In today’s electricity market, non-wires alternatives are capturing public attention and inspiring decision makers to explore the grid benefits and potential cost savings resulting from integrating new distributed technologies in place of new infrastructure upgrades. As interest grows, industry practitioners are seeking out more information and lessons learned from past and existing NWA projects.
To help shed light on a broad set of NWA projects in the U.S., E4TheFuture, Peak Load Management Alliance and Smart Electric Power Alliance jointly selected 10 NWA case studies and have distilled insights into this report.
What’s in the report:
Highlights of 10 NWA case studies and a summary of their key attributes (project size, technologies, key drivers, and grid challenges faced).
Policy review of the state of non-wires alternatives.
Examples of innovative energy solutions to meet today’s grid challenges.
Key insights and challenges from the planning, sourcing, and implementation phases.
Full-length NWA case studies with additional resources in the Appendix.
The growth of community-based solar projects has sprung from customer interest and community benefit, but the lofty goals of these projects must be backed by smart and innovative financing so they continue to grow. How are utilities and developers deploying strategies to reduce hard, soft and financing costs of community-based solar?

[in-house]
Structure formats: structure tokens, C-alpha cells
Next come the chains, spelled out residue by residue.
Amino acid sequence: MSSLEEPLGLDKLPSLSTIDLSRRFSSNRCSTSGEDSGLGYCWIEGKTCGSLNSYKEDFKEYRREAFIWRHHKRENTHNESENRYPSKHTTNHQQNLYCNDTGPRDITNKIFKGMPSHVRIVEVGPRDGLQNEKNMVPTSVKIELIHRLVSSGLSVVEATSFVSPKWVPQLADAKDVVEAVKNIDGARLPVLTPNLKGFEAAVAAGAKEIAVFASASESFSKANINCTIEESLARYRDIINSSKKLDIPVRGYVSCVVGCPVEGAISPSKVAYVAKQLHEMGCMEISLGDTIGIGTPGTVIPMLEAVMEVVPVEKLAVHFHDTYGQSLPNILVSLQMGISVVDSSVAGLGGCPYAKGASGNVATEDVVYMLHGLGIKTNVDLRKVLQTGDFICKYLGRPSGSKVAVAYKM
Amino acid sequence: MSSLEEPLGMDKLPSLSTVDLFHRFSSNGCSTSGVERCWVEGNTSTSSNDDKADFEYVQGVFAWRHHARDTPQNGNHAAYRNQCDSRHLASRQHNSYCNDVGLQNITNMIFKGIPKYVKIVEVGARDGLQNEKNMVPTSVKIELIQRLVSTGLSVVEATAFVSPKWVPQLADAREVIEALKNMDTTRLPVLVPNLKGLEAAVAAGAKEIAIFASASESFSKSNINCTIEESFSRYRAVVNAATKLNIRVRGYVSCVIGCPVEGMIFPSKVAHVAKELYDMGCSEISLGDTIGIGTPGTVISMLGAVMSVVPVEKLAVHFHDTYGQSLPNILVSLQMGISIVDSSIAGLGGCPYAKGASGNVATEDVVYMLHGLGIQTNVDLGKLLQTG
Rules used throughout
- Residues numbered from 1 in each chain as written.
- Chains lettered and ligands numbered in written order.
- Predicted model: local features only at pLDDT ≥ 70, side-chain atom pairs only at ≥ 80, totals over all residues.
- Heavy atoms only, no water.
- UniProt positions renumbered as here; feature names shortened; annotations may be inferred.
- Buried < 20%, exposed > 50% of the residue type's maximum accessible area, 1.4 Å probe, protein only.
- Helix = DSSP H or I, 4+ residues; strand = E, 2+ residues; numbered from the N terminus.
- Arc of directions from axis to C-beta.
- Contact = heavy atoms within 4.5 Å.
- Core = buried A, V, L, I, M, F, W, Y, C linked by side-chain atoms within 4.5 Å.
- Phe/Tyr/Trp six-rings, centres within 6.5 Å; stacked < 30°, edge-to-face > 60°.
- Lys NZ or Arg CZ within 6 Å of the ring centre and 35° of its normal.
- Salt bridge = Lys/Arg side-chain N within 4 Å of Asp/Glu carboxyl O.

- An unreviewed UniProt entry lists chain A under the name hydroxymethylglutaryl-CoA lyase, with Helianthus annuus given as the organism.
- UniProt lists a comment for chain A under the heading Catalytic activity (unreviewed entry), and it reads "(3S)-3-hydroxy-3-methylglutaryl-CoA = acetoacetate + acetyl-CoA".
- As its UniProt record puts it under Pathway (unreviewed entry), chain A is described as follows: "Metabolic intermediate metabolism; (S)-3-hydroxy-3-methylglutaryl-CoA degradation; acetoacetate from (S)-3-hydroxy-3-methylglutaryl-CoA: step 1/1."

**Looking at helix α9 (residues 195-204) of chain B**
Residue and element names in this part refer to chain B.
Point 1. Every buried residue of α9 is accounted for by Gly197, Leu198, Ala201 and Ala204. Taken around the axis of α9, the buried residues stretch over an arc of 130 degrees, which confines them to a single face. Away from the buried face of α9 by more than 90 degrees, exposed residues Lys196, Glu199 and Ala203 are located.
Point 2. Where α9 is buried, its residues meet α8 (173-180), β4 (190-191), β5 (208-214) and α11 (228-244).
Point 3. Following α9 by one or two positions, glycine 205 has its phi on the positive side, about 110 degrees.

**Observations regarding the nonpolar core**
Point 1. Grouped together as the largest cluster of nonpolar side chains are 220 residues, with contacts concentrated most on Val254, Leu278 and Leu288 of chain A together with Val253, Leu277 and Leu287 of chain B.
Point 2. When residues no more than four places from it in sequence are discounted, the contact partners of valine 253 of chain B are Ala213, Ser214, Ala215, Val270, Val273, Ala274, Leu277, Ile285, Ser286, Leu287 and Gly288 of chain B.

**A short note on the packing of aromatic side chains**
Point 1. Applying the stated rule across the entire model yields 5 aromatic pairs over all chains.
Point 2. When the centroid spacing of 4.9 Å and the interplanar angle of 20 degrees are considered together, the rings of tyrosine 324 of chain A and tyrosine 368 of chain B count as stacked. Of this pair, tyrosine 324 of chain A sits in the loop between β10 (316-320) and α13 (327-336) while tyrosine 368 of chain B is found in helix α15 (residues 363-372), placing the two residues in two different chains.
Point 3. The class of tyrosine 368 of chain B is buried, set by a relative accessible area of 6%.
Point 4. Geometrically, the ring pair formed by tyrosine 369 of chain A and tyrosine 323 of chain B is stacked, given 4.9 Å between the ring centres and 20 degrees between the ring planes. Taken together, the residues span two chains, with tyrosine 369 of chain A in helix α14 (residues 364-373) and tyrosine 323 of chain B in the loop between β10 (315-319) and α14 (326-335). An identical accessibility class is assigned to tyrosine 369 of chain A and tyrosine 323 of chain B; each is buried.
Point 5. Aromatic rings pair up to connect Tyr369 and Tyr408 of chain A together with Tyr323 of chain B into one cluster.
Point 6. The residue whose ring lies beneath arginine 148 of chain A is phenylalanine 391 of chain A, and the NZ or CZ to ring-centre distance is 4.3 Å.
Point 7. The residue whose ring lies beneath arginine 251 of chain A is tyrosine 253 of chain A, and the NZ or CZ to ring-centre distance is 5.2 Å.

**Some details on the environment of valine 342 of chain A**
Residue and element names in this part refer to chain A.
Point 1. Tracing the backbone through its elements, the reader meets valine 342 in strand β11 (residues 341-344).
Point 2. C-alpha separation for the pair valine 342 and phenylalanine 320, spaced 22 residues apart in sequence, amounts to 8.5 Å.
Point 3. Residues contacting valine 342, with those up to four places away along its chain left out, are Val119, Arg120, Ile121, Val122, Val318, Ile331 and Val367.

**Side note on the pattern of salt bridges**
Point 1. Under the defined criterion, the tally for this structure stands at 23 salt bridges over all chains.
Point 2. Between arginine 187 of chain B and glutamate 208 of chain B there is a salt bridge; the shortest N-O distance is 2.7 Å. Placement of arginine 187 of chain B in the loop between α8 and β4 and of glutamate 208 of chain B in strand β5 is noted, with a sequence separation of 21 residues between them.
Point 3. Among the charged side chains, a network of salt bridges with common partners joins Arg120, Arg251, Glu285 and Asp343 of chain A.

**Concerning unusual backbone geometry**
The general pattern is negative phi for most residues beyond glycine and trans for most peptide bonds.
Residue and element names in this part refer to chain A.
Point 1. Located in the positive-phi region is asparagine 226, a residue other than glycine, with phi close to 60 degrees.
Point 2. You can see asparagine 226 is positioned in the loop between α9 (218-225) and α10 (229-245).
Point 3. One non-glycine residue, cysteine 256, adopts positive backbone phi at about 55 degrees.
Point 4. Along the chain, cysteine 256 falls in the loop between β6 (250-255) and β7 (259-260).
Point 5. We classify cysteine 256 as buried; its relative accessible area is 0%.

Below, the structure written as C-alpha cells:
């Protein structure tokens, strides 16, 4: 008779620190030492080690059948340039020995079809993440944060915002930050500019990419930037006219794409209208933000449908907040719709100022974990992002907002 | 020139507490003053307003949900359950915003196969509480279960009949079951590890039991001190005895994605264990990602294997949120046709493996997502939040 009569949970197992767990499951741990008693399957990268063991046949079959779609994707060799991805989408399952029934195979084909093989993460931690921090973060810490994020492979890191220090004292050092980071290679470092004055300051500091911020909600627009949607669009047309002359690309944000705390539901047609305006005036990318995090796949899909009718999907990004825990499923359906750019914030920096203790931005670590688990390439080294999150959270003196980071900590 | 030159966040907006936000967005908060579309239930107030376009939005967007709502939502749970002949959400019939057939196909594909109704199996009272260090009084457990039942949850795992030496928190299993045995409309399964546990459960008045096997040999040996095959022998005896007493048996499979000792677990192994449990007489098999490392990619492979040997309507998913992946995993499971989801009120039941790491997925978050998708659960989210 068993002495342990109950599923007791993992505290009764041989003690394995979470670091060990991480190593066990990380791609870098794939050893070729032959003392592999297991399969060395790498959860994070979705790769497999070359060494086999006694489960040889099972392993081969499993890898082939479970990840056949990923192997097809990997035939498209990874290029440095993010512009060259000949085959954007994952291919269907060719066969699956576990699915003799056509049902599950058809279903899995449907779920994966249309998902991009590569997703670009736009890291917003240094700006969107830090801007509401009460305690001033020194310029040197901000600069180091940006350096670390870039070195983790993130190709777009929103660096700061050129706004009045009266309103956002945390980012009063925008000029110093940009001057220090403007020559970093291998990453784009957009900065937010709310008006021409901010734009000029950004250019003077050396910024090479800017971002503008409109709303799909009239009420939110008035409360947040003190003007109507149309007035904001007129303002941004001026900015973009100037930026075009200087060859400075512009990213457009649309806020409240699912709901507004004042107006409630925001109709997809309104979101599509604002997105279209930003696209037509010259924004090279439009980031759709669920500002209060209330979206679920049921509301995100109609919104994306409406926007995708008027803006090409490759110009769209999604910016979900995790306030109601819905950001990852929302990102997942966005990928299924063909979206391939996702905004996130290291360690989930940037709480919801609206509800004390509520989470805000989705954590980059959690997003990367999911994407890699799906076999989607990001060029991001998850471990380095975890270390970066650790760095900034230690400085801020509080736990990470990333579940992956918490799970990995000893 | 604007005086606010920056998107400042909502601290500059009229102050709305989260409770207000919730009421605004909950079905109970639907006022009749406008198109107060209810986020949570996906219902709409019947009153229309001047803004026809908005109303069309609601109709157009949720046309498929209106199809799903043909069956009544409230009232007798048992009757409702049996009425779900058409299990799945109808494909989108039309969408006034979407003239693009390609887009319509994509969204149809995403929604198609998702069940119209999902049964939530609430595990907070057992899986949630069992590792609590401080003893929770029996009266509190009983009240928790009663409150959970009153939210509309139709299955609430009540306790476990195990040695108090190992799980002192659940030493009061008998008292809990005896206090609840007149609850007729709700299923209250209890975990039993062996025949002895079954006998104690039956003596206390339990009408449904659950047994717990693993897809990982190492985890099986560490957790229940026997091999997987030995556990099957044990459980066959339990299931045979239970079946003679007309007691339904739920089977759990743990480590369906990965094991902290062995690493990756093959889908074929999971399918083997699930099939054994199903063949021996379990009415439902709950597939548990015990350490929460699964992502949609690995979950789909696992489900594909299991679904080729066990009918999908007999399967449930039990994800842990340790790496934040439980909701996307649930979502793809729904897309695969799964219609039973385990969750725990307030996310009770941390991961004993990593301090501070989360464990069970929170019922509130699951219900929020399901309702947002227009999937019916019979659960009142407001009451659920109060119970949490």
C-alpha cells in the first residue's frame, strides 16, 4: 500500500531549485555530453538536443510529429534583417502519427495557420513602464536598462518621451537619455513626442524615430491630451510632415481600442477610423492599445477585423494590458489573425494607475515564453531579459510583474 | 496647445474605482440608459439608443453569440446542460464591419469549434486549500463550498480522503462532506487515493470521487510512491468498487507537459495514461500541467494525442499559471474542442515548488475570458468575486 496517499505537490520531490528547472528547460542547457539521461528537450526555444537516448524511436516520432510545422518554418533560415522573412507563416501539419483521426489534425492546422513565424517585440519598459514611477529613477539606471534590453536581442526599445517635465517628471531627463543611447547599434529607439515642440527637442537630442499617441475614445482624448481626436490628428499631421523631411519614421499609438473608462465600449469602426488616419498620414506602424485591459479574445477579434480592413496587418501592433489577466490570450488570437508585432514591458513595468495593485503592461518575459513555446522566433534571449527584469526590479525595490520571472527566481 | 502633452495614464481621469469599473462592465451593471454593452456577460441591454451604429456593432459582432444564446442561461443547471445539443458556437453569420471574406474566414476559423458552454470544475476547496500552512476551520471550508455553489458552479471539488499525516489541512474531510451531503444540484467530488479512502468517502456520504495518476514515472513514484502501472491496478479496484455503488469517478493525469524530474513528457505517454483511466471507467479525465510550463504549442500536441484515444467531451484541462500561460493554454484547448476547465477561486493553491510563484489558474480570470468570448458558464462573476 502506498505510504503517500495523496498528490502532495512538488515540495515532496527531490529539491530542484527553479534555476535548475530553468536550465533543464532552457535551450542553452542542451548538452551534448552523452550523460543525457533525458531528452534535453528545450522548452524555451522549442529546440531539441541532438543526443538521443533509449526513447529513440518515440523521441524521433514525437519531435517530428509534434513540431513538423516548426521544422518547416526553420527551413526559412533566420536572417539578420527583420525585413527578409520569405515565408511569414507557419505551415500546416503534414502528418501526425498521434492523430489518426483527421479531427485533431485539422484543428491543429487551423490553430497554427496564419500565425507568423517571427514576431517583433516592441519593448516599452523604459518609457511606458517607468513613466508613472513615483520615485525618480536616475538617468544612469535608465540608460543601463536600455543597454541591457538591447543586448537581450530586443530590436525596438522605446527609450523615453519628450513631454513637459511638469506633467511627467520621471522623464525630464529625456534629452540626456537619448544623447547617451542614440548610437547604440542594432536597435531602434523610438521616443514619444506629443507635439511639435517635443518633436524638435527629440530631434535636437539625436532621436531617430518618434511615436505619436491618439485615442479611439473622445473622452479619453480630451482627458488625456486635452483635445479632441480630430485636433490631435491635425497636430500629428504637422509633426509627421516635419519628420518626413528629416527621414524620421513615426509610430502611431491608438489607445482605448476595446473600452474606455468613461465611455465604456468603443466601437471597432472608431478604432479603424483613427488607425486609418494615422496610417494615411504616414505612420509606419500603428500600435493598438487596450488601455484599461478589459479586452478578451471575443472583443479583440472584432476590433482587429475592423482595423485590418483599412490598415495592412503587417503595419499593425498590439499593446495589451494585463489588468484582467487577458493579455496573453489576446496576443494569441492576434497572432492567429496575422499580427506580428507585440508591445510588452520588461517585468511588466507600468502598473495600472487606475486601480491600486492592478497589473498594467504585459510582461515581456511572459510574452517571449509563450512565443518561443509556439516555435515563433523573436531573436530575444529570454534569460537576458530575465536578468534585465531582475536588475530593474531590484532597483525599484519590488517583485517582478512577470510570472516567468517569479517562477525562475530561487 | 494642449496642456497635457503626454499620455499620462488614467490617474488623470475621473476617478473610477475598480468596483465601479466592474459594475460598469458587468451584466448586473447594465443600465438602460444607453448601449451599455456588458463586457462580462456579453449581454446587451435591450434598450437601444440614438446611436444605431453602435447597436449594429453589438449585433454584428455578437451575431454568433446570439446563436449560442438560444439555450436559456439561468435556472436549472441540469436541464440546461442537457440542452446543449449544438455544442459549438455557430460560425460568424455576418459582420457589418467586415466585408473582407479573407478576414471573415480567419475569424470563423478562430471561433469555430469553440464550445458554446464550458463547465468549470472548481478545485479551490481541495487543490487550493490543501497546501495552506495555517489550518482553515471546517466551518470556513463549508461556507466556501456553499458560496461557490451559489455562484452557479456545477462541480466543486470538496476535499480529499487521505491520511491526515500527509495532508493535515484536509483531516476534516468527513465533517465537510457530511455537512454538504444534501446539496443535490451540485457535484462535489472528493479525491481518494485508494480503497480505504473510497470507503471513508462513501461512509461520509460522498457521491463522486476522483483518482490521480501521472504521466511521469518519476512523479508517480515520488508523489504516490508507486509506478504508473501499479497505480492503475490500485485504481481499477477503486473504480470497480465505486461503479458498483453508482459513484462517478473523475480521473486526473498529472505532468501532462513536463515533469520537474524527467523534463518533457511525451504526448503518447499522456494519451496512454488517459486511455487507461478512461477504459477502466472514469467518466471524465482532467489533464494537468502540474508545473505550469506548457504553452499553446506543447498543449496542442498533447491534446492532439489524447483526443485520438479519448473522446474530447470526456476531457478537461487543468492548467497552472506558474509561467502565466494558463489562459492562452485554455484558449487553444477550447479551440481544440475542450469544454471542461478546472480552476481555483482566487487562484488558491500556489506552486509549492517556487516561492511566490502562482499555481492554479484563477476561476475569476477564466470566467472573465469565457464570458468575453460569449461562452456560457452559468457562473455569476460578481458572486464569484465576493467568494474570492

Explore different financing options through a series of in-depth interviews with utilities and developers in this report, funded by the U.S. Department of Energy’s Solar Energy Technology Office,
What is community-based solar?
The U.S. Department of Energy defines community-based solar as a photovoltaic (PV) solar installation that falls within 100 miles of its electricity offtakers and is grid connected in the same utility service territory of these offtakers.
By Herman K. Trabish, Utility Dive Flexible subscriptions and solar-plus plans “push the envelope” of utility programs.
[Smart Electric Power Alliance Utility Strategy Manager Dan] Chwastyk said the success of the Municipal Utility of Freemont, NE, SunShares program may be one version of next generation community solar. Fremont worked with SEPA on a survey to understand what customers wanted, Department of Utilities General Manager Brian Newton told Utility Dive . . . Newton said the utility decided the best way to capture the interest was to offer two kinds of subscriptions. Read the entire article here.
Photo by Mike Kruger: Construction began in October on Fremont’s first solar farm, which sold out in 7 weeks and is expected to go online in December. A second solar farm already has a waiting list of 70.
To learn more about Fremont’s innovative community solar program, click the following links: